Chemicals in pregnancy – The need for a more informed and practical approach to assessing risk
Thursday, 6 June 2013 at 12:44:PM
A report and news item (Mothers-to-be should be aware of unintentional chemical exposures, say experts) issued by the Royal College of Obstetricians and Gynaecologists (RCOG) yesterday has resulted in a good deal of controversy in the UK press, including the BBC, ITN News, The Telegraph and The Guardian. The UK’s National Health Service has also issued a response to this topic.
The report, titled “Chemical exposures during pregnancy: Dealing with potential, but unproven, risks to child health”, tackles the difficult subject of understanding the risks that exposure to chemicals during pregnancy poses for the health of the child.
The paper recommends a ‘safety first’ approach for pregnant women, namely “to assume there is risk present even when it may be minimal or eventually unfounded”. As manufacturers of equipment that detects chemicals in a wide variety of situations, we’re acutely aware of the plethora of potentially hazardous chemicals in everyday life. It seems to us that advocating a purely ‘safety first’ approach to all of these chemicals is simply not practical – and in this case has exposed the authors to universally unfavourable coverage.
One aspect of a more practical approach would be to balance the likely risk of harm with the ease of carrying out preventative measures. As an example, one of the recommendations in the report is to “reduce use of foods/beverages in cans/plastic containers, including their use for food storage”. There can be little doubt that this would reduce exposure to endocrine disrupters such as BPA and phthalates (see my previous blog). However, in practice much of what we eat is protected by some sort of packaging, and these chemicals get into the body by other routes anyway, so to reduce one’s exposure by enough to make a significant difference to the risk of harm would border on the impossible.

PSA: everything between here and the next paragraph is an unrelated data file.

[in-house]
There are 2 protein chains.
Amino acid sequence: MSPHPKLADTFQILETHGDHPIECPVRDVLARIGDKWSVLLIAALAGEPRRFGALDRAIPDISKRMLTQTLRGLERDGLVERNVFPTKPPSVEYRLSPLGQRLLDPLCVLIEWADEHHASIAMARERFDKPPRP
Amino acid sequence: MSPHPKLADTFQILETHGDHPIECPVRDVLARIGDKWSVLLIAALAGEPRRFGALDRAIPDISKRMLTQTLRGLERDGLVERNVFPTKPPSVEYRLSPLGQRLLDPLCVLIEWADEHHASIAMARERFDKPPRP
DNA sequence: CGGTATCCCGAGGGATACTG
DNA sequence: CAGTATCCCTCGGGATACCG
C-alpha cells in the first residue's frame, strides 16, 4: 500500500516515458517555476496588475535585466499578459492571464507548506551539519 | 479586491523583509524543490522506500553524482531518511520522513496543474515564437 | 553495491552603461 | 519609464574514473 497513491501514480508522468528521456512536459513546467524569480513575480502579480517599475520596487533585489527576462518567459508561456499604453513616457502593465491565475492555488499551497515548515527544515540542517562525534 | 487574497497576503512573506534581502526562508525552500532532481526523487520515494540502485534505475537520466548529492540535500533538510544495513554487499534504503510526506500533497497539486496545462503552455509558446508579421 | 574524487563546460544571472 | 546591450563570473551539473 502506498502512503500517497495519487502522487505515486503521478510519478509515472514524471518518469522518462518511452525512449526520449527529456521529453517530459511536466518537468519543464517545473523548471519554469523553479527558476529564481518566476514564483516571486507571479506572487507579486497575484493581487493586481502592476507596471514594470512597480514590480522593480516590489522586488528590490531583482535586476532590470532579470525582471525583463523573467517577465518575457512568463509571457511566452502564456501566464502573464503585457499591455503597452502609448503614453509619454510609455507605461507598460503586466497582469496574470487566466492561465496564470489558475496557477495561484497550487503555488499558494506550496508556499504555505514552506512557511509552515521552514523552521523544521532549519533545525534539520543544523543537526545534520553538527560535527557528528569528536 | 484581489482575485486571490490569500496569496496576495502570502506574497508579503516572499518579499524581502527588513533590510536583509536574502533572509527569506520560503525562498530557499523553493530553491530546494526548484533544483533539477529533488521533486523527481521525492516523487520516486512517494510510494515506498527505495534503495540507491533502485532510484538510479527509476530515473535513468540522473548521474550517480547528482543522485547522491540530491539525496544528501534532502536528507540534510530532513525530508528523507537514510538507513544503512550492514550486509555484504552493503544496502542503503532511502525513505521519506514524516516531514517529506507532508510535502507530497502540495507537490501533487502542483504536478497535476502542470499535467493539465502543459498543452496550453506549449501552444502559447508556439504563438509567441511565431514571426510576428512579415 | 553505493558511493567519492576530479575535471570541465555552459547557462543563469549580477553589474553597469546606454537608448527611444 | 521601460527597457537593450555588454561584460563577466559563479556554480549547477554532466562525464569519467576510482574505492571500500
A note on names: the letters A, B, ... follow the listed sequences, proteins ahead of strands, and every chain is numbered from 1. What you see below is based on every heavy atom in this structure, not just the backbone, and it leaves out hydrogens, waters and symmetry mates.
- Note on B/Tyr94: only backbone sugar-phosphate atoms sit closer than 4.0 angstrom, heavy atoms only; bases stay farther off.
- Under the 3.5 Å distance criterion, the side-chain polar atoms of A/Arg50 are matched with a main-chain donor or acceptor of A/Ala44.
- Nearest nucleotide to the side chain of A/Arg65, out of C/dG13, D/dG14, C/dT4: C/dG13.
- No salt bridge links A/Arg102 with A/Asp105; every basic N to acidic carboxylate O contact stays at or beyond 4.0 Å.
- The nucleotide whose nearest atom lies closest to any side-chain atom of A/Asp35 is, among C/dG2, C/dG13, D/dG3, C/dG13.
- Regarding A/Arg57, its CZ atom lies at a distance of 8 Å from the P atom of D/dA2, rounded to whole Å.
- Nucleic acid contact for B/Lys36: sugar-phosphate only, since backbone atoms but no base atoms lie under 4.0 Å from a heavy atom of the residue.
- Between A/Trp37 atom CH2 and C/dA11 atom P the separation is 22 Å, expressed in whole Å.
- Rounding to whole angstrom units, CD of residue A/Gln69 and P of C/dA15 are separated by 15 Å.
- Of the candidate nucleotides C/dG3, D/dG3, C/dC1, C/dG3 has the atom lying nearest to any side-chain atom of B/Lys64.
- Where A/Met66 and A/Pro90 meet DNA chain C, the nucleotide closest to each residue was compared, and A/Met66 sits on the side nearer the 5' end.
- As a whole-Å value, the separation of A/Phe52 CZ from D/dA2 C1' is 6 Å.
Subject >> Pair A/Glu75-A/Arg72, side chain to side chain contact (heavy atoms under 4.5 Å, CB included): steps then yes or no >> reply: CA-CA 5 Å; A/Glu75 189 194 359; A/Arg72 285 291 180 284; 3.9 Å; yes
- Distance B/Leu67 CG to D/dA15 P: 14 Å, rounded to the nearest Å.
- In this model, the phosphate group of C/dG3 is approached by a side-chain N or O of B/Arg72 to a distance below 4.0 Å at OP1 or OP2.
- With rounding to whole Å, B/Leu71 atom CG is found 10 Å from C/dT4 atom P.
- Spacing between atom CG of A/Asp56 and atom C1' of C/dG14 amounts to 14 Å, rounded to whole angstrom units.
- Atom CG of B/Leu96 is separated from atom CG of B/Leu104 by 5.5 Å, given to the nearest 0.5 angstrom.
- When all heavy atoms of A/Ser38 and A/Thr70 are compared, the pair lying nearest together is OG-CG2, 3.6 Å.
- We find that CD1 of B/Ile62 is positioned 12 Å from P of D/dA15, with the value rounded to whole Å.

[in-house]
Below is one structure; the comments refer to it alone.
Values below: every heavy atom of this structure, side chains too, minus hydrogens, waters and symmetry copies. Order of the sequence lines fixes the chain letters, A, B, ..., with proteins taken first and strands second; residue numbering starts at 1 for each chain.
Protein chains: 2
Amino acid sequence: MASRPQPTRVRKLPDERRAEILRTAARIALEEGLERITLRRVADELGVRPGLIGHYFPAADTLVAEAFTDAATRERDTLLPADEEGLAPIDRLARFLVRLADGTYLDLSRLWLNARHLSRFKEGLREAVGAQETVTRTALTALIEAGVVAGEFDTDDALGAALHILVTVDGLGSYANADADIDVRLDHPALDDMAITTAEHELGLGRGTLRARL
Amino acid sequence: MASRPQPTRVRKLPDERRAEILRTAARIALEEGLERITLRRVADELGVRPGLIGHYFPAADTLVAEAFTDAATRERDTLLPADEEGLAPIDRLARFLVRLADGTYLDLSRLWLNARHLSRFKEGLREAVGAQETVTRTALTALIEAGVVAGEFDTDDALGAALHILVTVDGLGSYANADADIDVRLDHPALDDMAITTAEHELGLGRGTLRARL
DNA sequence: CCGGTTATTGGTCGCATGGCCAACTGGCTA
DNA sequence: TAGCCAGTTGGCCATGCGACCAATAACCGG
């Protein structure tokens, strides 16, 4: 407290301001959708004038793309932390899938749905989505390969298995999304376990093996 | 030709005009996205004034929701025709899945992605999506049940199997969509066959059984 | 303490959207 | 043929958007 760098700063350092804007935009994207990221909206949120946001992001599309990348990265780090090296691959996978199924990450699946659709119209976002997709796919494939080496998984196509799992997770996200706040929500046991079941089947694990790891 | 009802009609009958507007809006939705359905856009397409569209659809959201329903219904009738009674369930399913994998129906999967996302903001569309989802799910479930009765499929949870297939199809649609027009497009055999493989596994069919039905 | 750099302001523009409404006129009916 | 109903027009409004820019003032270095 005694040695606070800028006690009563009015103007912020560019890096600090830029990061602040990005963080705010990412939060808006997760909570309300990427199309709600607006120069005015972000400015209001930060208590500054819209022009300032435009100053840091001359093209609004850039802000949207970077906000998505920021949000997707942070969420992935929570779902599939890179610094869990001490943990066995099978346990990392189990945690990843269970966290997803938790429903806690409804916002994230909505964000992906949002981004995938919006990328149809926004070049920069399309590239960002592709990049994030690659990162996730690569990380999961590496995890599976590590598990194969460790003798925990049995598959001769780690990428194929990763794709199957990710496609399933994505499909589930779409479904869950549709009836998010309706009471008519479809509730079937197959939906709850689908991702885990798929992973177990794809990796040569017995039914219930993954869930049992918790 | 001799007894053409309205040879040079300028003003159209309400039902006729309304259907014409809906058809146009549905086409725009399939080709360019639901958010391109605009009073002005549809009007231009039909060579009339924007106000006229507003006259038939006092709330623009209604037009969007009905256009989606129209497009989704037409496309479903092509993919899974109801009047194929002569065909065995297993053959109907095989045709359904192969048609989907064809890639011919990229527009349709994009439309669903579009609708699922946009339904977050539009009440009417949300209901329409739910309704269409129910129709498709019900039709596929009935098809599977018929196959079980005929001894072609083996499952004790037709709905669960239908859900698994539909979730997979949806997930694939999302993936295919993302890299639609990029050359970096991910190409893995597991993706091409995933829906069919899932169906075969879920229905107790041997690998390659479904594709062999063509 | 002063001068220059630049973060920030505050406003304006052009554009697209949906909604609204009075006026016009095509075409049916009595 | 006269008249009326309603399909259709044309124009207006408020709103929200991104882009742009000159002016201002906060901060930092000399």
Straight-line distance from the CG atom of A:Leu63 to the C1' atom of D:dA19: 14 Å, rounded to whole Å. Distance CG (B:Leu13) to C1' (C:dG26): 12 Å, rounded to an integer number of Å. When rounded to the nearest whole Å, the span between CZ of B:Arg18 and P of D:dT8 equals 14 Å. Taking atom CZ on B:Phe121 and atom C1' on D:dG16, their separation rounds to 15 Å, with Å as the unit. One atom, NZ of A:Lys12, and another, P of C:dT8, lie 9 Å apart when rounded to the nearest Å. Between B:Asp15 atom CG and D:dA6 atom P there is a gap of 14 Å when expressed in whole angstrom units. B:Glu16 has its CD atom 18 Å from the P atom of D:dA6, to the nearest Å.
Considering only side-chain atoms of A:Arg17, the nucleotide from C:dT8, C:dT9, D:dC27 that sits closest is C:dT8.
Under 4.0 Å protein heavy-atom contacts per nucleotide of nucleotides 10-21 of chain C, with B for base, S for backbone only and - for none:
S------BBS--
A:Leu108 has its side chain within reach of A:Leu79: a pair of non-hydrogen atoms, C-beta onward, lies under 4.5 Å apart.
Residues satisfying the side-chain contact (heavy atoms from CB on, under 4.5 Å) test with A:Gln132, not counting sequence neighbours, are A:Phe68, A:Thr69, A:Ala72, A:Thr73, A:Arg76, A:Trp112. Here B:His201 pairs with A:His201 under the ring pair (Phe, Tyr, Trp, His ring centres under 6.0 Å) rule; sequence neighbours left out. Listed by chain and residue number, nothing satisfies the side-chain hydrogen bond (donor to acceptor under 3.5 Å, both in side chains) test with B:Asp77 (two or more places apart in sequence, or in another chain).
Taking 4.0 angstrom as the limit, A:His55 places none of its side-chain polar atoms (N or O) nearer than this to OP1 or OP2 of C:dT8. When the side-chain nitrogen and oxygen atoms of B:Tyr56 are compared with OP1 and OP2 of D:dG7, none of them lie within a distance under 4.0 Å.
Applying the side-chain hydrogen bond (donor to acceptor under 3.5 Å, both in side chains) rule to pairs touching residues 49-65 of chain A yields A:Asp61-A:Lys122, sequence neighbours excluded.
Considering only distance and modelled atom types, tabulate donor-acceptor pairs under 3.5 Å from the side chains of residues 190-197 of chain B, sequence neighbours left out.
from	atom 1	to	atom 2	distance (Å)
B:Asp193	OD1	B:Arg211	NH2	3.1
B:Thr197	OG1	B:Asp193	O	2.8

Another aspect that the report fails to address is the overall beneficial effect any measures are likely to have. So, to use another example mentioned in the report, you might be doing more harm than good if, in “minimising the use of personal care products” you avoided using sunscreen and thus got sunburnt.
A more useful message to pregnant women, and those who advise them, should be to avoid actions that would result in large exposures to chemicals that are known (or are likely to be) hazardous. Such actions have for many years included smoking, drinking alcohol and taking drugs. We might now also add activities such as regularly walking along roads with heavy traffic, sitting all day in poorly ventilated rooms containing new carpets or recently painted/varnished surfaces, or regularly exposing oneself to high concentrations of aerosols such as air-fresheners. These are all areas that continue to benefit from insights into volatile organic compounds (VOCs) made possible with modern analytical techniques.
In conclusion, this report does the right thing in highlighting some of these other exposure routes, but then fails to explain their relative importance, or how women can make a reasonable decision based either on practical considerations or the likelihood of harm. As a result, the overall impression from the report is of a rather long list of possible hazards, some of which are difficult to avoid. The attention of the media is naturally drawn towards the latter, with the result that the subtle – but important – message that the report contains will likely not reach its intended audience.
David Barden received his Ph.D. in Organic Chemistry from Cambridge University in 2004, and during his time as an editor at the RSC wrote news pieces for Chemistry World on various scientific topics. He is now Technical Copywriter at Markes International, where he draws on the expertise of his colleagues to explain how new thermal desorption and mass spectrometry technologies can be applied to analyse volatile organic compounds in a wide variety of situations.